As I posed in front of my friends camera, Sunny came out with two Styrofoam cups of fresh watermelon juice to offer. It reminded me of the watermelon shaped and flavored lollipops I used to get there from there store when I was a kid. Those, along with the multi-colored gel pens that all the girls bought and used to decorate their skin with were my go-to purchases. For some time, I would faithfully use those gel pens to “tattoo” the rapper’s name “Nas” on my forearm. I did it everyday for about a week or so until the day that my older cousin recognized it. The way he questioned it made me throw my arm behind my body in embarrassment. “Does that say Nas?” he asked. I denied the allegations but he knew and continued to laugh anyway. THAT was the last time I sported my gel-penned “Nas” tattoo.
“You’re more than welcome to come in and take a look around.” The excitement I felt was indescribable. I hadn’t been in that house in years.
Renfrew Ave will forever be my home. I lived in that brick colonial from the ages of 1 to 12. After that, we moved to some apartment less than 2 minutes away and then eventually another house in Hopewell. When we arrived, I knocked on the door. I wanted to ask the current homeowners if it was okay to pose out on
my their lawn. To my surprise, they had just moved there two weeks prior. They welcomed my little photoshoot and before I walked away to begin, the jovial couple stopped us and said, “You’re more than welcome to come in and take a look around.” The excitement I felt was indescribable. I hadn’t been in that house in years. As I toured the house, gleefully showing the owners what used to be and what was new, I could envision random moments of me enjoying that house in my mind. I could see myself and my family just like we were, back then.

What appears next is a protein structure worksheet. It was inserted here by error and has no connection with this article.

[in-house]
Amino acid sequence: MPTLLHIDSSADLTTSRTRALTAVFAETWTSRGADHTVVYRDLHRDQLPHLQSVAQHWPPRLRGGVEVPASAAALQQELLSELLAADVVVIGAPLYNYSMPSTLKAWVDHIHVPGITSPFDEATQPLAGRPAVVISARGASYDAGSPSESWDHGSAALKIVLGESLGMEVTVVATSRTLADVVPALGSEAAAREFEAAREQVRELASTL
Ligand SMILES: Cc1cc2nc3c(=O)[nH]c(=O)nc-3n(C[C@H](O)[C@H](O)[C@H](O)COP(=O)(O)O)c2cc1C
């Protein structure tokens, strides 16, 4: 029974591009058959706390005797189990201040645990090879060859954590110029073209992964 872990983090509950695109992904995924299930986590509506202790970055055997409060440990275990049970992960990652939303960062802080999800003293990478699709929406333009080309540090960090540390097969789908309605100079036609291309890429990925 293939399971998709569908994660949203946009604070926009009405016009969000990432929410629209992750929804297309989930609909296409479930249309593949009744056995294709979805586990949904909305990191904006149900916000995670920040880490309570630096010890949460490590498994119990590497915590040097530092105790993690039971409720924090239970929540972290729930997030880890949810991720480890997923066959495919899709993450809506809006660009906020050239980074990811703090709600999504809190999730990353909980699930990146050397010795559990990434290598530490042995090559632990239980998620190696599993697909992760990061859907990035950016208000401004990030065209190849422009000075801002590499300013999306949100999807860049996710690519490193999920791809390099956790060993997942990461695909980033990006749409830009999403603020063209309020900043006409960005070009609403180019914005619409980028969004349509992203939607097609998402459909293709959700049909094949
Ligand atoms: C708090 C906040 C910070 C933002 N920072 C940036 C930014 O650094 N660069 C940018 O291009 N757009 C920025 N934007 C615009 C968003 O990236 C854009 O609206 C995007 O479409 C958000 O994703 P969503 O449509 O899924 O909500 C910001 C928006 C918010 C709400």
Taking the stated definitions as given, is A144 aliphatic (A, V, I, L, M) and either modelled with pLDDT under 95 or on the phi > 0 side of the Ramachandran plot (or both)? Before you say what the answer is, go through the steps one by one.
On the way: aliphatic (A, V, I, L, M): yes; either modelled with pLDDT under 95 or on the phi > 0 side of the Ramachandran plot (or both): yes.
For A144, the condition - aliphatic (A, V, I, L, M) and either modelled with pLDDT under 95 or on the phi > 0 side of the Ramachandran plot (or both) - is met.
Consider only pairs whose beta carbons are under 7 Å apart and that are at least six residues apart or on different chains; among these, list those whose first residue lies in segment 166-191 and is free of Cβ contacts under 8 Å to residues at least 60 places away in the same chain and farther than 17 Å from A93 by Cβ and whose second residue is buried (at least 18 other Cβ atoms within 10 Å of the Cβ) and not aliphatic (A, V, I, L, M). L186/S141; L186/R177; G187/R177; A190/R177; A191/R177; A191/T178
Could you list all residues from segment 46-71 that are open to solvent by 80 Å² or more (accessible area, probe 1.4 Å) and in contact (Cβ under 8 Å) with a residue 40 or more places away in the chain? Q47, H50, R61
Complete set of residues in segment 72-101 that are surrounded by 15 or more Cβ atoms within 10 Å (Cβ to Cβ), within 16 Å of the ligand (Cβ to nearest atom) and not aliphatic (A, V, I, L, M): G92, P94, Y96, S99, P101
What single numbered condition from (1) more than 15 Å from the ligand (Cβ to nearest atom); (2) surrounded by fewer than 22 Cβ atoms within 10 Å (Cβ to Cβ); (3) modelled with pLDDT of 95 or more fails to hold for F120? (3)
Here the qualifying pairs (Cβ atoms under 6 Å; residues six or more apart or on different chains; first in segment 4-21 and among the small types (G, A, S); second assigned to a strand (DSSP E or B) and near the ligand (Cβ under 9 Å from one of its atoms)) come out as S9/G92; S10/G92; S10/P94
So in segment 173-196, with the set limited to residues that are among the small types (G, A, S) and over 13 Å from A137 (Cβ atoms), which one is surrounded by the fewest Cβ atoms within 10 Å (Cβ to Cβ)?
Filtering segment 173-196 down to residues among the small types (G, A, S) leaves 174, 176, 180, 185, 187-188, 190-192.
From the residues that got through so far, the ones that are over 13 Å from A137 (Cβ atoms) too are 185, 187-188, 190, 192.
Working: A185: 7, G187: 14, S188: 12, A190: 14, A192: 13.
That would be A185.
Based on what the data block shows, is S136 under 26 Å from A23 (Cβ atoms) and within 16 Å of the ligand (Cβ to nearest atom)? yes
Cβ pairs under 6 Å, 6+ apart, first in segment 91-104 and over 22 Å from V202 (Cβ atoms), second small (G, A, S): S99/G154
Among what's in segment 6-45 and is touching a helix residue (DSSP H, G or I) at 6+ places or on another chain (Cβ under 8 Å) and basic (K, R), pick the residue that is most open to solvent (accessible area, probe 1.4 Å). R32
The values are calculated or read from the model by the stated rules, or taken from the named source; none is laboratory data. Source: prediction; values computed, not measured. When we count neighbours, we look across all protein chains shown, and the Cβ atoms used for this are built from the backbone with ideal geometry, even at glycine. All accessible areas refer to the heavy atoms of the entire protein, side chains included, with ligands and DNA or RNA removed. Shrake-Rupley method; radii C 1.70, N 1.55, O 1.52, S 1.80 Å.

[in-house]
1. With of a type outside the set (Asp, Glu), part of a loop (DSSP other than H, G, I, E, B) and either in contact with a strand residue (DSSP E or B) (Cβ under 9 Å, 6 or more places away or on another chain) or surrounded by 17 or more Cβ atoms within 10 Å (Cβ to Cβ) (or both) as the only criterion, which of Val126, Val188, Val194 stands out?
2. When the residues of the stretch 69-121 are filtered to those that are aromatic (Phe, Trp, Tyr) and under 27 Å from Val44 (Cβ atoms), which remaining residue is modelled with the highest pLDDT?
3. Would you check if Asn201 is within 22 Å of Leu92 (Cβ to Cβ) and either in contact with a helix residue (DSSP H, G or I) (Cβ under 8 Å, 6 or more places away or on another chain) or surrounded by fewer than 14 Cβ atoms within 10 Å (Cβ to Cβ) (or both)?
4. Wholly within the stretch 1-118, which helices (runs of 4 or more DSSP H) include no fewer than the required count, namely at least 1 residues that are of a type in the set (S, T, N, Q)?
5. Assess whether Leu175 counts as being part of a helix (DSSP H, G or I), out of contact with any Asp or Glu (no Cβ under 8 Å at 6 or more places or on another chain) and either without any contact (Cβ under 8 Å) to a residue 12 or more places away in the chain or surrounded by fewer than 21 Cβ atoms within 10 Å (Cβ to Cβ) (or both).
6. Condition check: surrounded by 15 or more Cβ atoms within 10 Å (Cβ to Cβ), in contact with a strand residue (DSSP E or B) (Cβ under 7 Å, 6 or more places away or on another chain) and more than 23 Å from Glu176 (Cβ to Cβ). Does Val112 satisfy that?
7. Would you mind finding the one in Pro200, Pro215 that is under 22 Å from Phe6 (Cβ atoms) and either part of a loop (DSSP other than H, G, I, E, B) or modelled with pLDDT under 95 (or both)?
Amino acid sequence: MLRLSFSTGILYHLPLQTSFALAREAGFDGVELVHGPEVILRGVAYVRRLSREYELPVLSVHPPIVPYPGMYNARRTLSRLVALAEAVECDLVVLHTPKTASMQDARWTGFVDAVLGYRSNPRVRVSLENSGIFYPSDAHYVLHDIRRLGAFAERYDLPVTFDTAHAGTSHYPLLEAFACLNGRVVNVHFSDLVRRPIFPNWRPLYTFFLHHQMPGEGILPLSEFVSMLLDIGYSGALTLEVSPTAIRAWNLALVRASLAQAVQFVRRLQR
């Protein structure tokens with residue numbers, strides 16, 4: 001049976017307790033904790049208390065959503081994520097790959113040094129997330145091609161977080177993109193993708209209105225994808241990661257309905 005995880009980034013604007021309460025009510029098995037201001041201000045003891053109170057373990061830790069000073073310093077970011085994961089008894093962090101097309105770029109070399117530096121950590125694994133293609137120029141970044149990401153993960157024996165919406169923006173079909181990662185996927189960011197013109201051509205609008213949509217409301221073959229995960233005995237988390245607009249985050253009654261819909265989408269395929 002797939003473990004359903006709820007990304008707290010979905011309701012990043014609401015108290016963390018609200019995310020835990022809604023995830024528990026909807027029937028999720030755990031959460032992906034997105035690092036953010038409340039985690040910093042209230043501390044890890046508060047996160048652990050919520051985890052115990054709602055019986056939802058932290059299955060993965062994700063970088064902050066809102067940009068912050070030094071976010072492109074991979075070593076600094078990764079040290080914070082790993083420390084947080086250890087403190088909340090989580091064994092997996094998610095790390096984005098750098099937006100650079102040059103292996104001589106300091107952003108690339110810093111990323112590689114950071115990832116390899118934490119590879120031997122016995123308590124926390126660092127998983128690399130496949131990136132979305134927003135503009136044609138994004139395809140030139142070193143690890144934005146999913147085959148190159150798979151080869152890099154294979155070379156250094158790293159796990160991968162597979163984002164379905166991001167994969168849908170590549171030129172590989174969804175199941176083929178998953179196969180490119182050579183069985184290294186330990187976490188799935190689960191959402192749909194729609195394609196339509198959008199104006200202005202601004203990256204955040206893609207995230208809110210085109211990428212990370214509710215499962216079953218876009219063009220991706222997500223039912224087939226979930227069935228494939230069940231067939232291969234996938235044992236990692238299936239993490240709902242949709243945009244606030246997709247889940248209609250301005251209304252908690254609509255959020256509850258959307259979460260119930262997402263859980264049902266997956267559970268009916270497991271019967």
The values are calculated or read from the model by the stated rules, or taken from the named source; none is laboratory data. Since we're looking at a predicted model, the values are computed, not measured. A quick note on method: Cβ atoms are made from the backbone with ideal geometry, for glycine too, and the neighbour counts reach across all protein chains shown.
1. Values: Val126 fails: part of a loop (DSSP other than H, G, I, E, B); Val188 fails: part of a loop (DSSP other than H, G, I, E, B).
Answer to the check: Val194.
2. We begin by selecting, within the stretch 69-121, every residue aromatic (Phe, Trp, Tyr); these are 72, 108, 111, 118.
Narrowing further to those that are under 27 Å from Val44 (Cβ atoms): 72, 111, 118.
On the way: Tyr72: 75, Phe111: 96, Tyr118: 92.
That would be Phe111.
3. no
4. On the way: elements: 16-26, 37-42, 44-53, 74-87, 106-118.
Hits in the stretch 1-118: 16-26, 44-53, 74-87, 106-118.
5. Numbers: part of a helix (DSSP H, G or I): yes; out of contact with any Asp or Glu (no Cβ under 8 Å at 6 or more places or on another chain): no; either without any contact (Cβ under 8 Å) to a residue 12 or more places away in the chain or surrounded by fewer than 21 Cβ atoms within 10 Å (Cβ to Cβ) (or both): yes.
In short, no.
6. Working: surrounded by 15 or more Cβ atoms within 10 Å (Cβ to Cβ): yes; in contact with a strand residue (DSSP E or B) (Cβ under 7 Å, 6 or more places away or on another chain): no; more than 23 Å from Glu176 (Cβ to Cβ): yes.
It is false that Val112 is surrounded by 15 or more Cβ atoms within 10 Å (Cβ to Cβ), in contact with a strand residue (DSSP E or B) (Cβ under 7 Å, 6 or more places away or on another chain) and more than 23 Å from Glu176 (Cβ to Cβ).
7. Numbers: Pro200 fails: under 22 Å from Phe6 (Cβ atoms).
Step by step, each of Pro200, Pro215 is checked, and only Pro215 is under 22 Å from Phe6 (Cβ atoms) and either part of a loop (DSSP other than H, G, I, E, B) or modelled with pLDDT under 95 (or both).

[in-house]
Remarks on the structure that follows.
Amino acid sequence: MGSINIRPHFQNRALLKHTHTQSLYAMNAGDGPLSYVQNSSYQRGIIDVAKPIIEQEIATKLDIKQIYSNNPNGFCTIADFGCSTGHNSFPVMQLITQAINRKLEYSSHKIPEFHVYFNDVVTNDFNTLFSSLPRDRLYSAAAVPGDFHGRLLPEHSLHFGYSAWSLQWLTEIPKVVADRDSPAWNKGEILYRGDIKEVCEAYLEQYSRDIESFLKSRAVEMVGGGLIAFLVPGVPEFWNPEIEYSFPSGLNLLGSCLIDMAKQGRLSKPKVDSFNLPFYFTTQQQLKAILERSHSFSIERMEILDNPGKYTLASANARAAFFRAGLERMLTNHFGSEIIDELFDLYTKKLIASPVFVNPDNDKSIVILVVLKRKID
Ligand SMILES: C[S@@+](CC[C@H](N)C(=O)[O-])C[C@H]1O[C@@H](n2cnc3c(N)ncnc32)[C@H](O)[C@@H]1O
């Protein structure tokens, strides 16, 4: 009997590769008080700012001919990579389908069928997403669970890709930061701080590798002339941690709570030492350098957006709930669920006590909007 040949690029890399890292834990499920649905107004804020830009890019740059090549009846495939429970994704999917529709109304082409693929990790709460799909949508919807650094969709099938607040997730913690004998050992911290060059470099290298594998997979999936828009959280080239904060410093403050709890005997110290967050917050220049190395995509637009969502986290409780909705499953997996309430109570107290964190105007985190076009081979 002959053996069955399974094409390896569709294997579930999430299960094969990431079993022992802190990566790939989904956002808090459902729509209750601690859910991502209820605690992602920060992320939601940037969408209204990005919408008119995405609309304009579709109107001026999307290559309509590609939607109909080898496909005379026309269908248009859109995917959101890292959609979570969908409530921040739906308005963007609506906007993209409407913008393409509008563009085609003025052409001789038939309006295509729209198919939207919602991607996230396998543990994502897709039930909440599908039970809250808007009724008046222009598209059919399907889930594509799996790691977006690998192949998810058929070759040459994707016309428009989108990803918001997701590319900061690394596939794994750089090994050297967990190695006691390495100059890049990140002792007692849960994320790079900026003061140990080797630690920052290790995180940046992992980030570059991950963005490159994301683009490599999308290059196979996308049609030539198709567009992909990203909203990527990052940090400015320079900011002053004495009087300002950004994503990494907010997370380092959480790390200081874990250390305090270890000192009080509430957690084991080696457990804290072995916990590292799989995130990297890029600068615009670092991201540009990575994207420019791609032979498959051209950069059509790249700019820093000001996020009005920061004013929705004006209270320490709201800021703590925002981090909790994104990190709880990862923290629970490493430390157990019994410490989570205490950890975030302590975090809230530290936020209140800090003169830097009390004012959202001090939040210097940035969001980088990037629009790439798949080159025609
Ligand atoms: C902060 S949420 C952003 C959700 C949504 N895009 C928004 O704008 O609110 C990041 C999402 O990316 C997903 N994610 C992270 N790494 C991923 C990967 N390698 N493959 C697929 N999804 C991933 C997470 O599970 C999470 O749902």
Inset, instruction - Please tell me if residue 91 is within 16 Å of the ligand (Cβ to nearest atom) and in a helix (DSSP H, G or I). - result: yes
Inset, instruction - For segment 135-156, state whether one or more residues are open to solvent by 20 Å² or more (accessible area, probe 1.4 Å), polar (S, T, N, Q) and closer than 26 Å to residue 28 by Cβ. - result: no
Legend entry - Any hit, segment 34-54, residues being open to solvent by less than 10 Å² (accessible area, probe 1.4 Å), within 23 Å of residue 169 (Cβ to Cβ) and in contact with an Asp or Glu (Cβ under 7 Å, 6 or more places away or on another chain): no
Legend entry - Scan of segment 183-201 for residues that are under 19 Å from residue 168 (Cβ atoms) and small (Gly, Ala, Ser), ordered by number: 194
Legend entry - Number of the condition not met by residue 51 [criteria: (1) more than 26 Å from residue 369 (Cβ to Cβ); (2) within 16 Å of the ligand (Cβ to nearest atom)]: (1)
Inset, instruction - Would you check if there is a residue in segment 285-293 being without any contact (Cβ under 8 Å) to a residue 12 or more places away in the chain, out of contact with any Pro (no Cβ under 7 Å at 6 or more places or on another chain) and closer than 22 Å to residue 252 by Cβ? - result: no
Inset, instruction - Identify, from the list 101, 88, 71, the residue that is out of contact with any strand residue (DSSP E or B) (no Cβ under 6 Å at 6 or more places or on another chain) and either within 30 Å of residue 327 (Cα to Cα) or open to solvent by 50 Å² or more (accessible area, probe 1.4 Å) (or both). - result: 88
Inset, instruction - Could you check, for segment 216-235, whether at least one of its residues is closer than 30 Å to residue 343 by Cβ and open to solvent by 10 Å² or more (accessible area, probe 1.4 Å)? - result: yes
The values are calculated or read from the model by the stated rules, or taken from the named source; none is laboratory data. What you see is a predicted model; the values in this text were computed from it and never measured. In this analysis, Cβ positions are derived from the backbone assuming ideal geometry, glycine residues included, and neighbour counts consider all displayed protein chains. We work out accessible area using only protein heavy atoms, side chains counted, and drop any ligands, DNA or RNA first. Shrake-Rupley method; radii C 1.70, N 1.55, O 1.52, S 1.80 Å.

I’ve heard people say that having a kid wasn’t a big deal and all I could ever do was think to myself, “Well, how the fuck is it not?”
After swatting bugs away for about 10 minutes in the sweltering heat but successfully (and surprisingly) getting some graceful pictures, we went down the street to get some shots at the bus stop. The bus stop I used to wait at when I started going to Incarnation Catholic School. This bus stop was pivotal because it marked a transition in my life.
Up until that point, I had went to public Trenton schools and was accustomed to just that. I had my friends and I had my life. Transferring to a catholic school in a different town would introduce me to different rules, different people. Eventually, I would come to know that the two years I spent at Incarnation, where about half of the students were white, would prepare me for my attendance at an all-white school in an all-white neighborhood. The significance behind that point in my life mirrors the transition that I am now currently experiencing. l’ve heard people say that having a kid wasn’t a big deal and all I could ever do was think to myself, “Well, how the fuck is it not?” Wondering about my childhood, who it made me and how it would contribute to the makings of my son was a big deal on its own. Marking this particular time and place in my life was again, a big deal. One day, I’ll look back at these pictures, adding them to my book of memories. This time my son would be apart of the memory. He would have had inspired it. The same way he has inspired my new life, the rest of my life. And that… that’s a big deal.
(Images shot by Dahlia W. (Painted Black Studios))